Leave No Trace is the most prominent educational message used to influence behaviors of protected-areas visitors with the end-goal of sustaining or improving resource conditions. The vast majority of previous research regarding Leave No Trace has focused on backcountry-overnight visitors. However, by sheer numbers alone, day-users are by far the largest user group of protected areas and research regarding this user-group is insufficient. The purpose of this study was to compare day-users’ perceptions (perceived knowledge, awareness and support, and attitudes) of Leave No Trace with those of overnight users. Results indicate that day-users’ and overnight users’ perceptions of Leave No Trace are largely congruent, and suggest that similar messaging approaches may be employed in day-use and backcountry areas in the future.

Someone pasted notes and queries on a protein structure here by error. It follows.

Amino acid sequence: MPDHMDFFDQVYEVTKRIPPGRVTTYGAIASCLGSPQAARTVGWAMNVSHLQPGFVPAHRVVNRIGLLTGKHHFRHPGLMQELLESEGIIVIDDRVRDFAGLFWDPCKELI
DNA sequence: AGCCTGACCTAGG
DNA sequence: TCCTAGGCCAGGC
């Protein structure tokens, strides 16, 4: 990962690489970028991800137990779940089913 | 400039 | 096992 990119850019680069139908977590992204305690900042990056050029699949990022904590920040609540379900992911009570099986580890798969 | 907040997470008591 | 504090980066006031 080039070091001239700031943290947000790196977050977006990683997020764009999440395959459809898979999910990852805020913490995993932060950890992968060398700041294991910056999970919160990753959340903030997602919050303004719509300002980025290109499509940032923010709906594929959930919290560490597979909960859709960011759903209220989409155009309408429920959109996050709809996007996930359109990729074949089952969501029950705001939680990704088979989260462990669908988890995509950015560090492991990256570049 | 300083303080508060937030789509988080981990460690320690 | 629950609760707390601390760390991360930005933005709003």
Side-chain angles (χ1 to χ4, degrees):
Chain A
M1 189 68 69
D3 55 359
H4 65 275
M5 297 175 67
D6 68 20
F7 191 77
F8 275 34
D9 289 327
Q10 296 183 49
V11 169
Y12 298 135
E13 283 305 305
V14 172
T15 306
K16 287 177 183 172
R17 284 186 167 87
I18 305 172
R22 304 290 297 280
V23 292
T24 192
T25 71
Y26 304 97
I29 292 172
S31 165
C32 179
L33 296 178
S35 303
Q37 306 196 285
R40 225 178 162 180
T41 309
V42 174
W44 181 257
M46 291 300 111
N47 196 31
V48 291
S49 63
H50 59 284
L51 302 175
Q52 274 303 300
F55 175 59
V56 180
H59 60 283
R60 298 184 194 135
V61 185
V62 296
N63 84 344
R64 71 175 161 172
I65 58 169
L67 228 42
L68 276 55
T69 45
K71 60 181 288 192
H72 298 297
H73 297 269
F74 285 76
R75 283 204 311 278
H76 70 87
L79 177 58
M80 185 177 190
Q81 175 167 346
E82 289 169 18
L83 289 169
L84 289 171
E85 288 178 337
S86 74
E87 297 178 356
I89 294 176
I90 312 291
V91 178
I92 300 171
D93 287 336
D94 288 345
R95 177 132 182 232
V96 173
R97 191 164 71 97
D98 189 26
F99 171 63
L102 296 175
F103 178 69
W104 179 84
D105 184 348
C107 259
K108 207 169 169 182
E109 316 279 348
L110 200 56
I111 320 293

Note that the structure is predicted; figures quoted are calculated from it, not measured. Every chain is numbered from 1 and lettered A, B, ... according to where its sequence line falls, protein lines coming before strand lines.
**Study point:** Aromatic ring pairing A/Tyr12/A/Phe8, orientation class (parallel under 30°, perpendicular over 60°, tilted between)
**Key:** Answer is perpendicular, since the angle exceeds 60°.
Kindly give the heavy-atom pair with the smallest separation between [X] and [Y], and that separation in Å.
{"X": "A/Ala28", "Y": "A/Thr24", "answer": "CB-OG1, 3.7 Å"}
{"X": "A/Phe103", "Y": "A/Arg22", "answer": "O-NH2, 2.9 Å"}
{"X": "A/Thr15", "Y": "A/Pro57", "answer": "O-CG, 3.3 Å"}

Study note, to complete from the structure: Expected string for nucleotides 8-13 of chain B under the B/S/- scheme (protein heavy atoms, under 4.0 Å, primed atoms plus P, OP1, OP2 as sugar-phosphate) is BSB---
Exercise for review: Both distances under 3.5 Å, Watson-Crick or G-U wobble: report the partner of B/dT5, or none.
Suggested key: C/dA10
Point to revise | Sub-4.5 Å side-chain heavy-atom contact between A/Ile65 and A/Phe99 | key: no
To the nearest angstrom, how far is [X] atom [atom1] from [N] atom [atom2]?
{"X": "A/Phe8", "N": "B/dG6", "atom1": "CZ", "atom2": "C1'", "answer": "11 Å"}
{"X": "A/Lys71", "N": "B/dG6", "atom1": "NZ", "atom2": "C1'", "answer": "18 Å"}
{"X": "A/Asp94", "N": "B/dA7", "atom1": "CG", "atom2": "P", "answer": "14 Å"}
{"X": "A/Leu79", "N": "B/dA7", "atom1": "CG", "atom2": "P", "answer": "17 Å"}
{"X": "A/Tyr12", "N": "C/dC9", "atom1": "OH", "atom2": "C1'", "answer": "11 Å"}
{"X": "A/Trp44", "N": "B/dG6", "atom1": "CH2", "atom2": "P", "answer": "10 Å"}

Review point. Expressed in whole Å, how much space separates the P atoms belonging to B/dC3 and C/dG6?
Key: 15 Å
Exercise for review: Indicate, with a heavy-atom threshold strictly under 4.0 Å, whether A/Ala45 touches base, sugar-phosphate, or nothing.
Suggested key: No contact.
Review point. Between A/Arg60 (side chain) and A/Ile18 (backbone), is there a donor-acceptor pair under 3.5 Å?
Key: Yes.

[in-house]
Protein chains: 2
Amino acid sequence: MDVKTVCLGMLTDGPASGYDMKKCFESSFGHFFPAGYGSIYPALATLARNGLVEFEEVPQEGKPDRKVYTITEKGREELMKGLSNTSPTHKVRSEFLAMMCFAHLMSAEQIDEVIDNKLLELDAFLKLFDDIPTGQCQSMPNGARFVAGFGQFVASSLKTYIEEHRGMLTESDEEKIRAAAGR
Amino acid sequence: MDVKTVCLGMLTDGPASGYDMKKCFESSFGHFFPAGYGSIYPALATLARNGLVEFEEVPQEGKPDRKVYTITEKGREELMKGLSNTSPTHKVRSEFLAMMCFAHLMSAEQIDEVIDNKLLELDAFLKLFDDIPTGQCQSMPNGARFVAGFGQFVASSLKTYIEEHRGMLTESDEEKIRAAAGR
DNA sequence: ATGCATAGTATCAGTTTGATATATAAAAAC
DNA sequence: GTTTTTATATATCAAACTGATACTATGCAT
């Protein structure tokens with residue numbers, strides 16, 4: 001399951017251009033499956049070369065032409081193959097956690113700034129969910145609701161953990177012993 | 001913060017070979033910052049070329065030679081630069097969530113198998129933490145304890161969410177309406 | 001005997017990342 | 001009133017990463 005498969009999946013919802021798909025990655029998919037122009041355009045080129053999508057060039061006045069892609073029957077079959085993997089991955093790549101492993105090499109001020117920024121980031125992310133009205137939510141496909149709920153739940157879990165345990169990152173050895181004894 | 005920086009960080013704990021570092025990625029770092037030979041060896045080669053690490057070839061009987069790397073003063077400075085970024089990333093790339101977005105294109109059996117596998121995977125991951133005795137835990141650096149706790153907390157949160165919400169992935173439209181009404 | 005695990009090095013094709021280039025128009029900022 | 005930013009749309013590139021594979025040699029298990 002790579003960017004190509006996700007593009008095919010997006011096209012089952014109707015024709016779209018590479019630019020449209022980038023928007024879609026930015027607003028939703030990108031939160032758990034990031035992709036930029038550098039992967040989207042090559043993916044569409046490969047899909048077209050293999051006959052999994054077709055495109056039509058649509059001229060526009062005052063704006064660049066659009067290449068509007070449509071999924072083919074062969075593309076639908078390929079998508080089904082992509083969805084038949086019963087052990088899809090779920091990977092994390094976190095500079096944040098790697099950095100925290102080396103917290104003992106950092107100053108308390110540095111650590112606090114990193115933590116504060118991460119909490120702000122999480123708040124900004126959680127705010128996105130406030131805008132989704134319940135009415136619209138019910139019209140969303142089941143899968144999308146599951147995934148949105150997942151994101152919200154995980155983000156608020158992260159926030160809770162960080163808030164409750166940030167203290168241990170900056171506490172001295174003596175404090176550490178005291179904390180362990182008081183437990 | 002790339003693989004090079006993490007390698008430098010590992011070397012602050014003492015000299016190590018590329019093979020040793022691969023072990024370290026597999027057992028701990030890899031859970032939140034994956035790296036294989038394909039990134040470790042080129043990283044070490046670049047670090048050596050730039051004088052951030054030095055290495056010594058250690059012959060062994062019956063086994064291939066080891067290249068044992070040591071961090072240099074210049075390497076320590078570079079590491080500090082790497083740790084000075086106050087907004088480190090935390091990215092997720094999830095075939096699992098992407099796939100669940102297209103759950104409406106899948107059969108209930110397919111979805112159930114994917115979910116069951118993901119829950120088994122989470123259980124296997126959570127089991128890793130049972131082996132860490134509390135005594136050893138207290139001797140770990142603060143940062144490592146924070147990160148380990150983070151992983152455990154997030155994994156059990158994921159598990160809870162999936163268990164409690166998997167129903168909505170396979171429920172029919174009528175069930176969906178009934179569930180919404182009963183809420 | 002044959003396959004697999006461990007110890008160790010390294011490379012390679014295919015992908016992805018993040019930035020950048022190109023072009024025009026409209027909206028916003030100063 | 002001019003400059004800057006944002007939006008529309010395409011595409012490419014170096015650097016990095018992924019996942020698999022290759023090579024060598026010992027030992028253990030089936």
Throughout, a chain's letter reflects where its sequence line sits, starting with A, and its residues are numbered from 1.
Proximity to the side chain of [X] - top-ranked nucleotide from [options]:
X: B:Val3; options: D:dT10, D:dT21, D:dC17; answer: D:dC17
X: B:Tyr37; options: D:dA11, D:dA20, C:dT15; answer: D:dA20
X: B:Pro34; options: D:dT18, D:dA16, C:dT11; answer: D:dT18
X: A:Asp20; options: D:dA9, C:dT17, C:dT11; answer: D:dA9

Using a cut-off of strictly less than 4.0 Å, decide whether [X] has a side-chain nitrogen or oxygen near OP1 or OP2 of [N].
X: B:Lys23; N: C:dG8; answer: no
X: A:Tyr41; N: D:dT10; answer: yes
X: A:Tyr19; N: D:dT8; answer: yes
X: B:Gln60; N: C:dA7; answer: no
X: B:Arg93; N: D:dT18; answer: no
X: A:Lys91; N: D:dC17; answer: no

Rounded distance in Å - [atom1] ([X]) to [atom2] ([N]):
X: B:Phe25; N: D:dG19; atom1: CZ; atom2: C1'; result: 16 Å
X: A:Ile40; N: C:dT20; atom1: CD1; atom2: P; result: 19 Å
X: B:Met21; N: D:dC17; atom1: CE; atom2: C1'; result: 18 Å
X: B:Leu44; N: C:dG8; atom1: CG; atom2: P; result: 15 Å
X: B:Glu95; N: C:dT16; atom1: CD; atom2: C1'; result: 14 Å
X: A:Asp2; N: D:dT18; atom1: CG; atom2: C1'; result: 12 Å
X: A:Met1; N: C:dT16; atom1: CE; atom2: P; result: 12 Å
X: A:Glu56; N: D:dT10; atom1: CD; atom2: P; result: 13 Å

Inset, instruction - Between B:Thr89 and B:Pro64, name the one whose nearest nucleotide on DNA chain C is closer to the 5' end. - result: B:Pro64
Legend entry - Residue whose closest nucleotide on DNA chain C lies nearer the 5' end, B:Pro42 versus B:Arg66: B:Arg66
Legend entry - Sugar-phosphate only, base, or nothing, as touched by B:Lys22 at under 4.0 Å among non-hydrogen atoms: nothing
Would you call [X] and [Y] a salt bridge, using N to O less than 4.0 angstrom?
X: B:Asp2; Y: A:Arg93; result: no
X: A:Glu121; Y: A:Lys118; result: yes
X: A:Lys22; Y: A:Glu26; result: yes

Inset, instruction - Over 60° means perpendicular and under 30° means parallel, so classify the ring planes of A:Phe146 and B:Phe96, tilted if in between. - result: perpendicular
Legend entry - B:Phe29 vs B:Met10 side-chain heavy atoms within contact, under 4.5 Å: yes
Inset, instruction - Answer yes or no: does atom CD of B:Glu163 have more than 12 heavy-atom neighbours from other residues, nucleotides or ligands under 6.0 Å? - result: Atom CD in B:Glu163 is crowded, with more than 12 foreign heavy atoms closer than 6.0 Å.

|Original language||English (US)|
|Journal||Journal of Outdoor recreation, Education, and Leadership|
|State||Published - 2014|